Synopses & Reviews
Richard Feynman once quipped that "Time is what happens when nothing else does." But Julian Barbour disagrees: if nothing happened, if nothing changed, then time would stop. For time is nothing but change. It is change that we perceive occurring all around us, not time. Put simply, time does not exist.
In this highly provocative volume, Barbour presents the basic evidence for a timeless universe, and shows why we still experience the world as intensely temporal. It is a book that strikes at the heart of modern physics. It casts doubt on Einstein's greatest contribution, the spacetime continuum, but also points to the solution of one of the great paradoxes of modern science, the chasm between classical and quantum physics. Indeed, Barbour argues that the holy grail of physicists--the unification of Einstein's general relativity with quantum mechanics--may well spell the end of time.
Barbour writes with remarkable clarity as he ranges from the ancient philosophers Heraclitus and Parmenides, through the giants of science Galileo, Newton, and Einstein, to the work of the contemporary physicists John Wheeler, Roger Penrose, and Steven Hawking. Along the way he treats us to enticing glimpses of some of the mysteries of the universe, and presents intriguing ideas about multiple worlds, time travel, immortality, and, above all, the illusion of motion.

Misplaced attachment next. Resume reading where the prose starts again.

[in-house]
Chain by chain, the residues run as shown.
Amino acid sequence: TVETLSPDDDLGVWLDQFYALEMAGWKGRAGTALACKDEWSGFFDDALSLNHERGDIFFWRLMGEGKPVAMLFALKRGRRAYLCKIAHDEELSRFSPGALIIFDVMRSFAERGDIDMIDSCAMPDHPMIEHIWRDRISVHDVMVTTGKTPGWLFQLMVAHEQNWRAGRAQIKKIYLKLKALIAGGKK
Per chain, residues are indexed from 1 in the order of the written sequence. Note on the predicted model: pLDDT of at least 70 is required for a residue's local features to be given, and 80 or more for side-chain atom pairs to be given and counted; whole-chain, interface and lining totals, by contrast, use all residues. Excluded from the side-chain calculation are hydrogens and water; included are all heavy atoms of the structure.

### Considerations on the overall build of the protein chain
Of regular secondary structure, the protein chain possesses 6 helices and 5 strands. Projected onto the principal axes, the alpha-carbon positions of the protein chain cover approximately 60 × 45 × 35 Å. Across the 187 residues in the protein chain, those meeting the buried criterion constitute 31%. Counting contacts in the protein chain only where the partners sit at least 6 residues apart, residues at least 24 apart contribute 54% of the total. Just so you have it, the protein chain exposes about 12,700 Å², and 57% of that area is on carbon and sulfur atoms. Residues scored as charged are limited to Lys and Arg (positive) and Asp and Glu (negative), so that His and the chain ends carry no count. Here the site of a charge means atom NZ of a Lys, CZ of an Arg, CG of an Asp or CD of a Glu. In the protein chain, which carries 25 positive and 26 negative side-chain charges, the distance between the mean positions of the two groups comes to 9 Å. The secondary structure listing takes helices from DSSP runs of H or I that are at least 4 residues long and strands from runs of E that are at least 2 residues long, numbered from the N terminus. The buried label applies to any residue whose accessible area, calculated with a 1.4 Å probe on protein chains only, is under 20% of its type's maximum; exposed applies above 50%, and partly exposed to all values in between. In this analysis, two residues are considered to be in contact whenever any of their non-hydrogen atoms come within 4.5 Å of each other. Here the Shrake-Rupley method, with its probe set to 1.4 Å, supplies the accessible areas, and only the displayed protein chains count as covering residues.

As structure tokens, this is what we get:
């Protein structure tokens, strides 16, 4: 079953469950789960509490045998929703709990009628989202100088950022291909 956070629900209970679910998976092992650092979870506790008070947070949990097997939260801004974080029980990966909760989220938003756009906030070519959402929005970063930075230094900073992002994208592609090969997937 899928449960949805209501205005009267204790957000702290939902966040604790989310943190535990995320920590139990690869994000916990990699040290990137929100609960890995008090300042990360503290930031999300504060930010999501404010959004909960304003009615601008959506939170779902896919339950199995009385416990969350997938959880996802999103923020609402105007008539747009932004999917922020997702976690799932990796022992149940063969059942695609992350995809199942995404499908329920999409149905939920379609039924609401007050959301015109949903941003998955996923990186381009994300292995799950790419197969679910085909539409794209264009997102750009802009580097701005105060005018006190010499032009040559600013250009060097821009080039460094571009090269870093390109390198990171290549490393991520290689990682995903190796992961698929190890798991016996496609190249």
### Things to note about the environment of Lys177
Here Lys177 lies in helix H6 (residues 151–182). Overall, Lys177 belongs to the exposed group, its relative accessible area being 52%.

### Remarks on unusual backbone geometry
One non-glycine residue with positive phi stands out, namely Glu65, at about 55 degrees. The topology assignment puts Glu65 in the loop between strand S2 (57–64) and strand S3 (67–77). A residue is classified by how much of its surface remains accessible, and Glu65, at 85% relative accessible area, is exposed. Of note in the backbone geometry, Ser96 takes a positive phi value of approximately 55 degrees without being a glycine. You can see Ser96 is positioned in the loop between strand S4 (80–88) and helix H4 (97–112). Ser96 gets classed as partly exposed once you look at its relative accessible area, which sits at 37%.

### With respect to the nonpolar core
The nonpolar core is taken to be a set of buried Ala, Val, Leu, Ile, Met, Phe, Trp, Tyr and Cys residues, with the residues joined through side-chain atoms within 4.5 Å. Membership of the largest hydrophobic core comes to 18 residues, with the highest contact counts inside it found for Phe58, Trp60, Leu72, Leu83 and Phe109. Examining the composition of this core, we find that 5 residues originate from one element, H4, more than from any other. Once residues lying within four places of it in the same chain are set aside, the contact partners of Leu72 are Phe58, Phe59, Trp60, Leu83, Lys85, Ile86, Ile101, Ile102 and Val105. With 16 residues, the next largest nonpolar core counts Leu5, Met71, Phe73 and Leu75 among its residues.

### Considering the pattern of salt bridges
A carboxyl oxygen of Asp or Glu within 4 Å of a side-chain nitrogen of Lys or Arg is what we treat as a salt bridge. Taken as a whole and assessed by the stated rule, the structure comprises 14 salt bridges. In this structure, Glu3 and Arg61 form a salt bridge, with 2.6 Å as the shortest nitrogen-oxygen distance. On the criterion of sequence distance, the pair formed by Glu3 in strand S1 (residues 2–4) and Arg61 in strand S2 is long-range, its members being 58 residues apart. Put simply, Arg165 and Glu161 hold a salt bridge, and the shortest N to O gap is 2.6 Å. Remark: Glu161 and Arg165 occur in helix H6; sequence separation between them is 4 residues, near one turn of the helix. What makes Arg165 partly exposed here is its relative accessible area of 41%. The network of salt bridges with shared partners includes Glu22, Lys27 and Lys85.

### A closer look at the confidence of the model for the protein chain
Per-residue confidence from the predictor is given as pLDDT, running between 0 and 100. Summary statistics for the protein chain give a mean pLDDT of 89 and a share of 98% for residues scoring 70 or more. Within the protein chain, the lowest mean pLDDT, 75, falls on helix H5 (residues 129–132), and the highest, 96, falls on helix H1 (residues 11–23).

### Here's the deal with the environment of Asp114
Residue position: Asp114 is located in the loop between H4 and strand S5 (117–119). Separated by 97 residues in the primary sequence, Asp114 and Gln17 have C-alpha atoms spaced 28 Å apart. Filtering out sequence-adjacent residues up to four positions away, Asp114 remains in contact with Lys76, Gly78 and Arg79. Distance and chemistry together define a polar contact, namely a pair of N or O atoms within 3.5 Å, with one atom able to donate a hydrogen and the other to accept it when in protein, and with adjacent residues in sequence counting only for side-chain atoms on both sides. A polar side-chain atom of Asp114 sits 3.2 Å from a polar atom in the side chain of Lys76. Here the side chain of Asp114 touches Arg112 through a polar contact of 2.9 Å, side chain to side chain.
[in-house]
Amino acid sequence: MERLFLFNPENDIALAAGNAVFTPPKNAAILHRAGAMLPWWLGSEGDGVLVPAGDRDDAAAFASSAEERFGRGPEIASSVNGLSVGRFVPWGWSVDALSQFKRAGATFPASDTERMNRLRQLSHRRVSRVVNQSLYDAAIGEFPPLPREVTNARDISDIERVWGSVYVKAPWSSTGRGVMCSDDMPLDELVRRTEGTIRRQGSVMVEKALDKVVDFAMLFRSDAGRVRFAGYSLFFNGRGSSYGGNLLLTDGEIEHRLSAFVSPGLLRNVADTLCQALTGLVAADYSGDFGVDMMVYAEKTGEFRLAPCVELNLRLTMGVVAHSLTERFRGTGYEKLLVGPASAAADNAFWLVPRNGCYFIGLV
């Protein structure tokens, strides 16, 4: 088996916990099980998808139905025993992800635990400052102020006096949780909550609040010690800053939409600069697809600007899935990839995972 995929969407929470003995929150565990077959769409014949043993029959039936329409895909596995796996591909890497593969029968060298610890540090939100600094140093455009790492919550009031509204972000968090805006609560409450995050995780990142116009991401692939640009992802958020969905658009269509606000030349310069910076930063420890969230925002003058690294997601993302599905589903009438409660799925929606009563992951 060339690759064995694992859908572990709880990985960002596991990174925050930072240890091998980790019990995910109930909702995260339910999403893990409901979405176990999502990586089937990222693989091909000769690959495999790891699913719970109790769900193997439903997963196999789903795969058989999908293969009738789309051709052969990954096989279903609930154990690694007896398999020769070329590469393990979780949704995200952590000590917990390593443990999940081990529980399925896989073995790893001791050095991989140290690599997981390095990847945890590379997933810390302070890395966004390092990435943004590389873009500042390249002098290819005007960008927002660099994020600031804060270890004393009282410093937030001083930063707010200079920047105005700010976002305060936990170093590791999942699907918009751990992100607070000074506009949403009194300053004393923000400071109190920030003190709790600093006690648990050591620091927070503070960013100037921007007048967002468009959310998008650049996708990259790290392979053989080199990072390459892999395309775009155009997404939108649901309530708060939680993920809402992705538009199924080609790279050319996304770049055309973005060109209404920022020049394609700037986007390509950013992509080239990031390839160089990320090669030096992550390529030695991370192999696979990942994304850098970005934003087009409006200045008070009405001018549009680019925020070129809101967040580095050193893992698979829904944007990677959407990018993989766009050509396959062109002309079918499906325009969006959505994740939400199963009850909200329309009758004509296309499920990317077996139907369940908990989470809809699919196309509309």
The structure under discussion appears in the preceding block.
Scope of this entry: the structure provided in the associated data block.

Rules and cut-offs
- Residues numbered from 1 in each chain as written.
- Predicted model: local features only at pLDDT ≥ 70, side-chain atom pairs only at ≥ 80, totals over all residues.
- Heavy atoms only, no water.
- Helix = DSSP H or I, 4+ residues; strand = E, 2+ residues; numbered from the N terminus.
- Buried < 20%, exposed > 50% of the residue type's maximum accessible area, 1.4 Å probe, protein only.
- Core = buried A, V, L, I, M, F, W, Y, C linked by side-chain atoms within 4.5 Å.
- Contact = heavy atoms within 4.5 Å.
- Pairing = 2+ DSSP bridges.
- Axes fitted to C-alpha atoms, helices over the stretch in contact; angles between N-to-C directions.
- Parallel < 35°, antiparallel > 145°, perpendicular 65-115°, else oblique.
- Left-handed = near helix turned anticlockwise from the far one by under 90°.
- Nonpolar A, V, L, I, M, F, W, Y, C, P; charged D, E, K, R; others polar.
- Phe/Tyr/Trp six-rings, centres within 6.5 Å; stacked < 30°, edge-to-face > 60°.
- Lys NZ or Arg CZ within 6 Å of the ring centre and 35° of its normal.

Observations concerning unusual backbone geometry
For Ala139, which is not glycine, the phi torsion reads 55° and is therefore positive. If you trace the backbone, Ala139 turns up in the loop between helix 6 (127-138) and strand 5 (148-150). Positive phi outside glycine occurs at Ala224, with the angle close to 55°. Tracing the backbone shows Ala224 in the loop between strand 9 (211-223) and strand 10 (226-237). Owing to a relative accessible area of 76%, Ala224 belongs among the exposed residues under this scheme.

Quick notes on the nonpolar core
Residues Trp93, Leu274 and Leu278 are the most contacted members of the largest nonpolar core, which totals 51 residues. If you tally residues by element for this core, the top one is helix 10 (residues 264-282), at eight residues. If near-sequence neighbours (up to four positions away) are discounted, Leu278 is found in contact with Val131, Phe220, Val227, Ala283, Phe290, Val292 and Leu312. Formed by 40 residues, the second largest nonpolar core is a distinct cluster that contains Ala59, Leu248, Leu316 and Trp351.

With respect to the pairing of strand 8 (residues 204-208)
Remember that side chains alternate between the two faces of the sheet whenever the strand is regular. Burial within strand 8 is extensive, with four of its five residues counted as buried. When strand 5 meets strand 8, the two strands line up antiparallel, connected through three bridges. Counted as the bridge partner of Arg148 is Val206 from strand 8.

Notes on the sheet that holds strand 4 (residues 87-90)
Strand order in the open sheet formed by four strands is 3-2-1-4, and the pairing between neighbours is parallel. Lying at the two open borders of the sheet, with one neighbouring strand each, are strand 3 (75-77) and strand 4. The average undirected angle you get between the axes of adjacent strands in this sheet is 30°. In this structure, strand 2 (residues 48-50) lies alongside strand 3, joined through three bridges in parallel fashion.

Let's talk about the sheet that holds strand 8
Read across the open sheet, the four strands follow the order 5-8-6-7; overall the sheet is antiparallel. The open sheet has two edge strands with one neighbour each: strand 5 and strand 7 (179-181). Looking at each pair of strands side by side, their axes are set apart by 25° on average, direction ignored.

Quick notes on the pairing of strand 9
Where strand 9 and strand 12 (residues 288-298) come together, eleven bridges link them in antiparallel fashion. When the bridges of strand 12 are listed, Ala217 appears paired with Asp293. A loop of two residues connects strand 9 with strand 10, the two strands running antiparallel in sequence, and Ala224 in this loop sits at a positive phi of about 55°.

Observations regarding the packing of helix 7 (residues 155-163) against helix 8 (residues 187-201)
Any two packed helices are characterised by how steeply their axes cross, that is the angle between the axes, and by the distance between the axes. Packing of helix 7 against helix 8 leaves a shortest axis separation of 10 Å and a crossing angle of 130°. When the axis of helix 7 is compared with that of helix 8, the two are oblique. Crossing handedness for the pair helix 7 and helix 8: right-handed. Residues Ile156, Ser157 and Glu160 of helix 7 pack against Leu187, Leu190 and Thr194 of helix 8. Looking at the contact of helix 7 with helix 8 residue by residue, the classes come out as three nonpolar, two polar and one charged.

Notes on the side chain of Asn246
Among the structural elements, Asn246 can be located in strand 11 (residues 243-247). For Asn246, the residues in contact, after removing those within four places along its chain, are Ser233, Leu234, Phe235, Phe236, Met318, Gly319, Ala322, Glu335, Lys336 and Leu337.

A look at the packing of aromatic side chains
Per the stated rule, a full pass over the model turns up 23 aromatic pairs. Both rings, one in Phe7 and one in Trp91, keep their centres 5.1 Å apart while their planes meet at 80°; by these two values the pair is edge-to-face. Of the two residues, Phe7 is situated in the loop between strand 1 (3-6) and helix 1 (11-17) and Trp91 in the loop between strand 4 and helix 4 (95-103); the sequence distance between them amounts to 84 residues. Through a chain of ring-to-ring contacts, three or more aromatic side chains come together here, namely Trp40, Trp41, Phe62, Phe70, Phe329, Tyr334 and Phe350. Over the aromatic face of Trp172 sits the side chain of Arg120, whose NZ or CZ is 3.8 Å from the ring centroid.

The End of Time is a vibrantly written and revolutionary book. It turns our understanding of reality inside-out.
In this highly provocative volume, Barbour presents the basic evidence for the nonexistence of time, explaining what a timeless universe is like and showing how the world will nonetheless be experienced as intensely temporal. 20 illustrations.
About the Author
is a theoretical physicist who has worked on foundational issues in physics and astronomy for 35 years. His first book, the widely praised The Discovery of Dynamics
, has recently been republished in paperback. In 2000 the Association of American Publishers awarded The End of Time
its prestigious award for excellence in the Physics and Astronomy section. Julian Barbour
, a theoretical physicist, has worked on foundational issues in physics for 35 years. He is the author of the widely praised Absolute or Relative Motion?: Volume I
, and is working on the second volume.